FOSIL Group member Elizabeth Hutchinson will be sharing with colleagues at a free CILIP School Libraries Group Scotland CPD event.
Librarians as teachers of sense-making skills: Framing the learning process through FOSIL
FOSIL Group member Dr Barbara Striping, whose influential work informs the ongoing development of FOSIL, makes the point in E&L Memo 1 | Learning to know and understand through inquiry that “[John] Dewey’s recognition of the need for both content and skills provided solid justification for the role of a school librarian as a teacher of sense-making skills”.
This is important for two reasons. Firstly, it identifies the librarian as a teacher and locates them within a learning process – that of constructing knowledge and understanding from information, which is an inquiry learning process. Secondly, it identifies the specialist teaching contribution that the librarian makes to this inquiry learning process – that of enabling students to develop the skills that will empower them to learn by finding out for themselves.
This matters, because being integral to the educational process – as the IFLA/UNESCO School Library Manifesto declares in principle and the IFLA School Library Guidelines affirm in practical terms – requires becoming teachers of these sense-making skills.
Now inquiry – understood as a stance of wonder and puzzlement that gives rise to a dynamic process of coming to know and understand the world and ourselves in it as the basis for responsible participation in society – is a learning process that depends on these sense-making skills, which are metacognitive, cognitive, affective/ emotional and social. For these skills to be transformational, both inwardly and outwardly, they need to be developed systematically and progressively within a sound instructional model of the inquiry learning process, and in the context of content area teaching.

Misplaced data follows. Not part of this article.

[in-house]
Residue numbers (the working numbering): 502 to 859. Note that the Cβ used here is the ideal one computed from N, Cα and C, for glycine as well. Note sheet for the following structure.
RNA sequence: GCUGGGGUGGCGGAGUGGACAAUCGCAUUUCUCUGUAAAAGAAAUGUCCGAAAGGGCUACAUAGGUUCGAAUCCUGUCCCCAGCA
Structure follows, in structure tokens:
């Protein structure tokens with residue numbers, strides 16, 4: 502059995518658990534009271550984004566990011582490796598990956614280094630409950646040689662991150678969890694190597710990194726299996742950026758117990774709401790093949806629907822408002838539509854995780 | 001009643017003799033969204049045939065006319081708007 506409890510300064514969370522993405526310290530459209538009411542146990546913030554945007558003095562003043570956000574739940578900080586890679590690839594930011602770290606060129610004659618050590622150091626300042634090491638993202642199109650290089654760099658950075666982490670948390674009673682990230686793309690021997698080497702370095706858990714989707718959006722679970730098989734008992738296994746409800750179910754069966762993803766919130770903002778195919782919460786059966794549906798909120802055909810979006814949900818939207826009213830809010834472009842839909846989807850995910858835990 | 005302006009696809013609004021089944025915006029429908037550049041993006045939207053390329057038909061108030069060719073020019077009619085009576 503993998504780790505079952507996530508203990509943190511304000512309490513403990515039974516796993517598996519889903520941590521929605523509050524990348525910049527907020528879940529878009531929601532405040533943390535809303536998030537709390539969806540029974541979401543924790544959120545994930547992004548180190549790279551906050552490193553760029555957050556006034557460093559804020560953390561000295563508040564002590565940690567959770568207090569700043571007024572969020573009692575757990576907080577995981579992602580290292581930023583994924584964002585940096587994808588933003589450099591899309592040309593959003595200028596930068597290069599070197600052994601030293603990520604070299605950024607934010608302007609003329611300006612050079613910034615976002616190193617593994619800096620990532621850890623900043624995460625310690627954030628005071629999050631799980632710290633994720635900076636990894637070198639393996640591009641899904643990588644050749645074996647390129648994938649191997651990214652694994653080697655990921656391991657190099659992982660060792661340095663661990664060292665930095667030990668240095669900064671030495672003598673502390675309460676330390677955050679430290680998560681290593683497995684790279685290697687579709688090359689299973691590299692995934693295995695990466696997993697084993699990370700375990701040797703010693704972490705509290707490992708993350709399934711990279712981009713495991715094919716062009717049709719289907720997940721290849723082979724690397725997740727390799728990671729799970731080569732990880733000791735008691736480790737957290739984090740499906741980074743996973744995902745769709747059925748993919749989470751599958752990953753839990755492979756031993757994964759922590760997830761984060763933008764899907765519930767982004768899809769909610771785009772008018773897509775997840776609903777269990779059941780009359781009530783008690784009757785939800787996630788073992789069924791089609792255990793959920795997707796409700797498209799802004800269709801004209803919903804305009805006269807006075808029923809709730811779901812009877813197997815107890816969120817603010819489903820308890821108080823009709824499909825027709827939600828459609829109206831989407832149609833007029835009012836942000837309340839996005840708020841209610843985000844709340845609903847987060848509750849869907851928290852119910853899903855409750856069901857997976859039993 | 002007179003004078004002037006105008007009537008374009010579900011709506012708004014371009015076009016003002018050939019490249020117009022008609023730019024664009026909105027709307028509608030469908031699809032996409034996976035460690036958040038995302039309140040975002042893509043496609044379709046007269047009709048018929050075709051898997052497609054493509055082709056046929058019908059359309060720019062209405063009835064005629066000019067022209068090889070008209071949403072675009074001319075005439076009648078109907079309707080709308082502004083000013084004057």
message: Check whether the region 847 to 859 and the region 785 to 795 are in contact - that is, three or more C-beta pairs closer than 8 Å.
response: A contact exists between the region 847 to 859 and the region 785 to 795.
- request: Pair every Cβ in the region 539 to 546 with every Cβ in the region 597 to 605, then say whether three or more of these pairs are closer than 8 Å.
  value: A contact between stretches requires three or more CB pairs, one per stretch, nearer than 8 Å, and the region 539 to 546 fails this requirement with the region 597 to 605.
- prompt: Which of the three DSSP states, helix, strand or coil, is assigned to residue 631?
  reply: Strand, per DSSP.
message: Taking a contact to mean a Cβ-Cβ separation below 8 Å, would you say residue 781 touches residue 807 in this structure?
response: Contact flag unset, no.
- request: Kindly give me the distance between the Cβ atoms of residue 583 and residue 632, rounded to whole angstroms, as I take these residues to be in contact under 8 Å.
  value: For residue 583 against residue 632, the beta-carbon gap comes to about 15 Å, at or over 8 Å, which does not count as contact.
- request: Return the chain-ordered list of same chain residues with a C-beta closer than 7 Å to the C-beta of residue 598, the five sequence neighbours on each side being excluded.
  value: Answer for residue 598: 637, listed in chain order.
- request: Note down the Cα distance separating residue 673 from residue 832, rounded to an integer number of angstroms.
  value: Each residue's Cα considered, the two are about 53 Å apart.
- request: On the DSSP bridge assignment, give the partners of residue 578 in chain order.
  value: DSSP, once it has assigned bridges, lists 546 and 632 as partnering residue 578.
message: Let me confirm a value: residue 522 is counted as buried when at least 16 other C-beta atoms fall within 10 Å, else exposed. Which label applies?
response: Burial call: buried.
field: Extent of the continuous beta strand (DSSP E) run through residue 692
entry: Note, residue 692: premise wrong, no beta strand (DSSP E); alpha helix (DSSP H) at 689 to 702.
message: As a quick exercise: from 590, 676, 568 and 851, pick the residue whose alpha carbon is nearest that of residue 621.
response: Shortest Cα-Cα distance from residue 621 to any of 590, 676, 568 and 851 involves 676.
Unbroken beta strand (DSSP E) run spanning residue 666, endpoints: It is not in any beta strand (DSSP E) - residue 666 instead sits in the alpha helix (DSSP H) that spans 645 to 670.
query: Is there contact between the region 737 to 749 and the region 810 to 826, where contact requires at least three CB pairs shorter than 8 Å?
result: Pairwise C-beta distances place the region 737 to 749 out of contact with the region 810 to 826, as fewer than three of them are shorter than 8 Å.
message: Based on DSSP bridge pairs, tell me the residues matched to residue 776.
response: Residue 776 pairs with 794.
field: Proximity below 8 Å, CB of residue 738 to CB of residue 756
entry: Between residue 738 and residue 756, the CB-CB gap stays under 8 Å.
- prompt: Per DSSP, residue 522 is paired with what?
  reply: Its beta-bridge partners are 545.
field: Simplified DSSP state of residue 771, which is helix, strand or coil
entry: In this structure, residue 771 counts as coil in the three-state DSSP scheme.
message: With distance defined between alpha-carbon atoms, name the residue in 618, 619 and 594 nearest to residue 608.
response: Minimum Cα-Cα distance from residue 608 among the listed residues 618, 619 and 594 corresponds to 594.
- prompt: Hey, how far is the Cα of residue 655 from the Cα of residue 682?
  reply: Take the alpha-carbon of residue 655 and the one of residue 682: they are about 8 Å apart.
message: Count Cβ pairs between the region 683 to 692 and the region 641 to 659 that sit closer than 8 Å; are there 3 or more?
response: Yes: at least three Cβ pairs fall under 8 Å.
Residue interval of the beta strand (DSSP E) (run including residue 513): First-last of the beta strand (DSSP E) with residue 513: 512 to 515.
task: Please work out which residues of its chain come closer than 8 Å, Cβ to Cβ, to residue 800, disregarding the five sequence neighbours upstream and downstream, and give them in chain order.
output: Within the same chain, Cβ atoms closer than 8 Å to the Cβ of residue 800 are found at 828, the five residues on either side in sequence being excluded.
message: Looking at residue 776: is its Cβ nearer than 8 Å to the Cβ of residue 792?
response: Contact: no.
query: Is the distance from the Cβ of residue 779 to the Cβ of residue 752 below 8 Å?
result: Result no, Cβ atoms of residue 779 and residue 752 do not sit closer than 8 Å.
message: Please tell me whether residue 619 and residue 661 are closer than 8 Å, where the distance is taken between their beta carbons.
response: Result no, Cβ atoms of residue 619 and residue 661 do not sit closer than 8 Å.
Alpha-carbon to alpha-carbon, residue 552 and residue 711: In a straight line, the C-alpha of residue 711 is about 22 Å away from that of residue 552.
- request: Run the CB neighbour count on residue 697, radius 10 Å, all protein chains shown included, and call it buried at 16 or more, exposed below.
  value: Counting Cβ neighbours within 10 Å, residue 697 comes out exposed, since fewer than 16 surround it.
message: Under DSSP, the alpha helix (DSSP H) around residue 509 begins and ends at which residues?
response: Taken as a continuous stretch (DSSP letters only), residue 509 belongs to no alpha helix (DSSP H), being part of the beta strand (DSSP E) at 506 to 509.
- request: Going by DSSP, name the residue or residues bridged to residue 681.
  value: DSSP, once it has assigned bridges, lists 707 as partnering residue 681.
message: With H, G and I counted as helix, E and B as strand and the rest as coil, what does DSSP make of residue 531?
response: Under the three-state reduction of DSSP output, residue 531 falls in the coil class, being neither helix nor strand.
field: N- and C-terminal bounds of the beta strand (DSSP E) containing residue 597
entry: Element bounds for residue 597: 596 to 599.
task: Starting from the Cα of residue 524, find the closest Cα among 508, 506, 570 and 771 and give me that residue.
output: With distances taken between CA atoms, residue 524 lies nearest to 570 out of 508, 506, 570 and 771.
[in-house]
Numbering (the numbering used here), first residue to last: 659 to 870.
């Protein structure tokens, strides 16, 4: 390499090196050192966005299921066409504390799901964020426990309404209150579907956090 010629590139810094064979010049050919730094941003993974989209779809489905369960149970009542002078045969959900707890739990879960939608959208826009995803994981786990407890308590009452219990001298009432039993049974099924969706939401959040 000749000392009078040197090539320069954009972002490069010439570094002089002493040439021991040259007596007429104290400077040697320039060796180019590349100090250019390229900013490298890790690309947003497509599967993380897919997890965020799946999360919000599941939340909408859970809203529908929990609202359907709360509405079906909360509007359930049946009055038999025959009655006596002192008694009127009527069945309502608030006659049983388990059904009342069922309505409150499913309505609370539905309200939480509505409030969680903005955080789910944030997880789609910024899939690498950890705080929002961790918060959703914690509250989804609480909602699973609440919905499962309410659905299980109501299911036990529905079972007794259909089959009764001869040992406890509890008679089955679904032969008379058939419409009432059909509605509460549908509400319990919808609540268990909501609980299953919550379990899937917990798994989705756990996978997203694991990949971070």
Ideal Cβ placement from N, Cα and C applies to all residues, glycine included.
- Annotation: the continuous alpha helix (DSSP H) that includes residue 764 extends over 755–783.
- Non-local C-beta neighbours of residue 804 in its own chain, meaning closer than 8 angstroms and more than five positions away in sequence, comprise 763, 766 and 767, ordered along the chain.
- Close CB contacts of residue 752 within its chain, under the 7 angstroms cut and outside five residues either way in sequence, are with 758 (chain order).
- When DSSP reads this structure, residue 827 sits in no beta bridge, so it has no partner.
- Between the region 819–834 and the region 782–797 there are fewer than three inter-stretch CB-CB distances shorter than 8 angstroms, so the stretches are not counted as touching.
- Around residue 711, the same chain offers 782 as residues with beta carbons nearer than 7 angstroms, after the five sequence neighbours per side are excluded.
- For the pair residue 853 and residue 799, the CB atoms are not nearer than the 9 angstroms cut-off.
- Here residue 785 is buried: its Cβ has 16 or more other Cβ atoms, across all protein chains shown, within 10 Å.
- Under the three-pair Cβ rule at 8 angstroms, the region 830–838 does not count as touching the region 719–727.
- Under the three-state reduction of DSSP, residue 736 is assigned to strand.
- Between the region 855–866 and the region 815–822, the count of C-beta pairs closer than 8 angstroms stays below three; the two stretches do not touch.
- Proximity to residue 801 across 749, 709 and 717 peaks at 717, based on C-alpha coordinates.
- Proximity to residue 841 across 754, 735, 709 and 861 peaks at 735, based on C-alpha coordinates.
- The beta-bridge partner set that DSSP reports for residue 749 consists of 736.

FOSIL is both such a model and a PK-12 (age 4-18) framework of these sense-making skills, along with a growing collection of graphic organizers for developing these skills within the inquiry learning process. More broadly, and through the FOSIL Group, FOSIL is also a collaborative and supportive community of inquiry. Viewed and approached in this way, FOSIL-based inquiry is an effective means for librarians to become instructional partners with their classroom colleagues to the lasting benefit of their students.
This talk will provide a background to FOSIL, an overview of the model and an exploration of how it works by way of diverse practical examples drawn from content area and extracurricular learning.